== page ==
PORT-AU-PRINCE, Haiti — Hurricane Sandy destroyed 70 percent of the crops in southern Haiti and caused widespread deaths of livestock, while in neighboring Jamaica it left at least $16.5 million worth of damage in its wake, officials in the Caribbean nations announced Tuesday.
Haitian Ministry of Agriculture official Jean Debalio Jean-Jacques said the government has not yet put a dollar figure on the losses. But as the top agriculture ministry official in Haiti's Southern Department, he said many poor farmers will have no food because of the hurricane's extensive damage.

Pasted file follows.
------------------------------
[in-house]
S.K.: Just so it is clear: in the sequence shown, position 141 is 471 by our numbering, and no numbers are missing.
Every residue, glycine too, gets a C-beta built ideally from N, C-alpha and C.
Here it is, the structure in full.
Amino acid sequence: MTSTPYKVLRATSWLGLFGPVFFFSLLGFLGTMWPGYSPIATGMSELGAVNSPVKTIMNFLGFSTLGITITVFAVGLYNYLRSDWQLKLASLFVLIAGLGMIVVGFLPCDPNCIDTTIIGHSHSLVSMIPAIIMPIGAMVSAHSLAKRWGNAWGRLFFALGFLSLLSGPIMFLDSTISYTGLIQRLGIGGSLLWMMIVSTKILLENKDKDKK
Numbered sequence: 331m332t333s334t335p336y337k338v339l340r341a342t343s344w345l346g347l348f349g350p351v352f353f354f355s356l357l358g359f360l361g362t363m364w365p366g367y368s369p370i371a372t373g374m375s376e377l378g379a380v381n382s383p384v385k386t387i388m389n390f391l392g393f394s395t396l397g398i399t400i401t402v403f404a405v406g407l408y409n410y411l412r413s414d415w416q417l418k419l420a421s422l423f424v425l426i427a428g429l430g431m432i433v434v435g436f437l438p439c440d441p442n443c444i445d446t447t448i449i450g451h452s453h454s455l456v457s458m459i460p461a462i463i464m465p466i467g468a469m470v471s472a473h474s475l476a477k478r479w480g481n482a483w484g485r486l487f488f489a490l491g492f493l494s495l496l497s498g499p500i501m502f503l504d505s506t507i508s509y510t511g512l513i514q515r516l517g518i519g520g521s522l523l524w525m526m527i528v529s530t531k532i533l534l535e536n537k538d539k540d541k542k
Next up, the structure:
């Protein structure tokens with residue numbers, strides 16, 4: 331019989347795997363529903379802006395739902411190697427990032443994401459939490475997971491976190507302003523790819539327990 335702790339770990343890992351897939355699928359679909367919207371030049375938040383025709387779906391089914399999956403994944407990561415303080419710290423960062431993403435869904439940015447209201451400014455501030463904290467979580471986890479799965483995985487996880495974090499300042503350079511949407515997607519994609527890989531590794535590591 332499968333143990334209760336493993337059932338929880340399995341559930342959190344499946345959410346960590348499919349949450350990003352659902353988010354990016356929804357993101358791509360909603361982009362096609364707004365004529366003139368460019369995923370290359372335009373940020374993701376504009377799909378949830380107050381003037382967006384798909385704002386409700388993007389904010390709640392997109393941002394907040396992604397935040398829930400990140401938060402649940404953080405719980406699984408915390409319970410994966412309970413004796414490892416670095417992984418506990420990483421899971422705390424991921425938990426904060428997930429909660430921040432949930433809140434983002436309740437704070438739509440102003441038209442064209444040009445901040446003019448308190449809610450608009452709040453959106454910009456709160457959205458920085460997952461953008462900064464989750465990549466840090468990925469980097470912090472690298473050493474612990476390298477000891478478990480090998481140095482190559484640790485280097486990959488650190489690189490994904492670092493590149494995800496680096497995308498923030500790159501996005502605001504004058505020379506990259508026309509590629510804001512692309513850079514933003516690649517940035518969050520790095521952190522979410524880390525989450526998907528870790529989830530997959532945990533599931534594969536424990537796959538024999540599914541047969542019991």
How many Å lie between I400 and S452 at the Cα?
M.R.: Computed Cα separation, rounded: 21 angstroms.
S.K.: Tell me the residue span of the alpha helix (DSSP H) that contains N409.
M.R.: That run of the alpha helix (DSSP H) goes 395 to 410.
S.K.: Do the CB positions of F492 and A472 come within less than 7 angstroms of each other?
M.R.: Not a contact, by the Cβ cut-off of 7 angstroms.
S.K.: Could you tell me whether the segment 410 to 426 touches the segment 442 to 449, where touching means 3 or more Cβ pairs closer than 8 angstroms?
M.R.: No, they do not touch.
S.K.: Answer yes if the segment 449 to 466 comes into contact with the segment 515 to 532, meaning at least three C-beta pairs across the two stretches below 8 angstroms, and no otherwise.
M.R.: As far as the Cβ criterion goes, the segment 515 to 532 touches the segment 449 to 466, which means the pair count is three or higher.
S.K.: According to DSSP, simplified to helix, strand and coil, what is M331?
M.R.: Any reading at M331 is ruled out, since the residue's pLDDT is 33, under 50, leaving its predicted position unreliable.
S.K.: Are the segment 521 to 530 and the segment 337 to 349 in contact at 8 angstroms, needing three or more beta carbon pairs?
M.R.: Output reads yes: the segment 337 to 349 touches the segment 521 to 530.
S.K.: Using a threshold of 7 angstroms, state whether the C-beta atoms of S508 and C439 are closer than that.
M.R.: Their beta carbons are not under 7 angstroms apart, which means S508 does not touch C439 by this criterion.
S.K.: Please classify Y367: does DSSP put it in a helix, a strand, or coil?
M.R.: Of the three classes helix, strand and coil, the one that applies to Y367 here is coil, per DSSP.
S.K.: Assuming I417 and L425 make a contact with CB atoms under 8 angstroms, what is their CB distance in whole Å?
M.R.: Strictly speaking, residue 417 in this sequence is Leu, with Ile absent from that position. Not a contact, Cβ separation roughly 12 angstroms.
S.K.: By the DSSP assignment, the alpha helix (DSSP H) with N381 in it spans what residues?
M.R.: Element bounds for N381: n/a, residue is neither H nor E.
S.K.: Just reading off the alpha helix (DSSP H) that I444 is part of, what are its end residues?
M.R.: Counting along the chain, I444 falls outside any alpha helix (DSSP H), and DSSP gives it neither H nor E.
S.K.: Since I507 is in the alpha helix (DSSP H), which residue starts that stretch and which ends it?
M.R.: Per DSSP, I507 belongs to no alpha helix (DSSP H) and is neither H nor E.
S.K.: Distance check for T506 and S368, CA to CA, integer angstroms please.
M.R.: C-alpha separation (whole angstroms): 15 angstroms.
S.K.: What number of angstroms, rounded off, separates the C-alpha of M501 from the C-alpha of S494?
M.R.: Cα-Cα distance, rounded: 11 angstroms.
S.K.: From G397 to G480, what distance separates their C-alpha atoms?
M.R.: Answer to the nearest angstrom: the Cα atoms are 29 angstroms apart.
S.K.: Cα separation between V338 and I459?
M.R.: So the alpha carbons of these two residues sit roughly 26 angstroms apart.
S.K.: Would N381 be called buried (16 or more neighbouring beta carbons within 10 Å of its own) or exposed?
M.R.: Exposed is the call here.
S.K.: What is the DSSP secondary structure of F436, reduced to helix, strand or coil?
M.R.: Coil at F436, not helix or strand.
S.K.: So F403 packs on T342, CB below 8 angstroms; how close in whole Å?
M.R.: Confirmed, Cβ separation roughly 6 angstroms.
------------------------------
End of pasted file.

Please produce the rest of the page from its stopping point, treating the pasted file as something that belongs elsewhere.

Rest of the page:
Damaged crops include avocados, bread fruit, corn and some vetiver,
a grass that produces a fragrant oil used in perfumes.
The eye of Hurricane Sandy passed west of Haiti the night of Oct. 24. But its rain-heavy outer bands dumped more than 20 inches of rain in 24 hours on the southern coastal town of Les Cayes and the surrounding countryside, causing rivers to overflow. Haiti has reported 52 deaths, the most of any Caribbean country by far. Officials reported flooding across the country, where roughly 370,000 people are still living in flimsy shelters as a result of the devastating 2010 earthquake.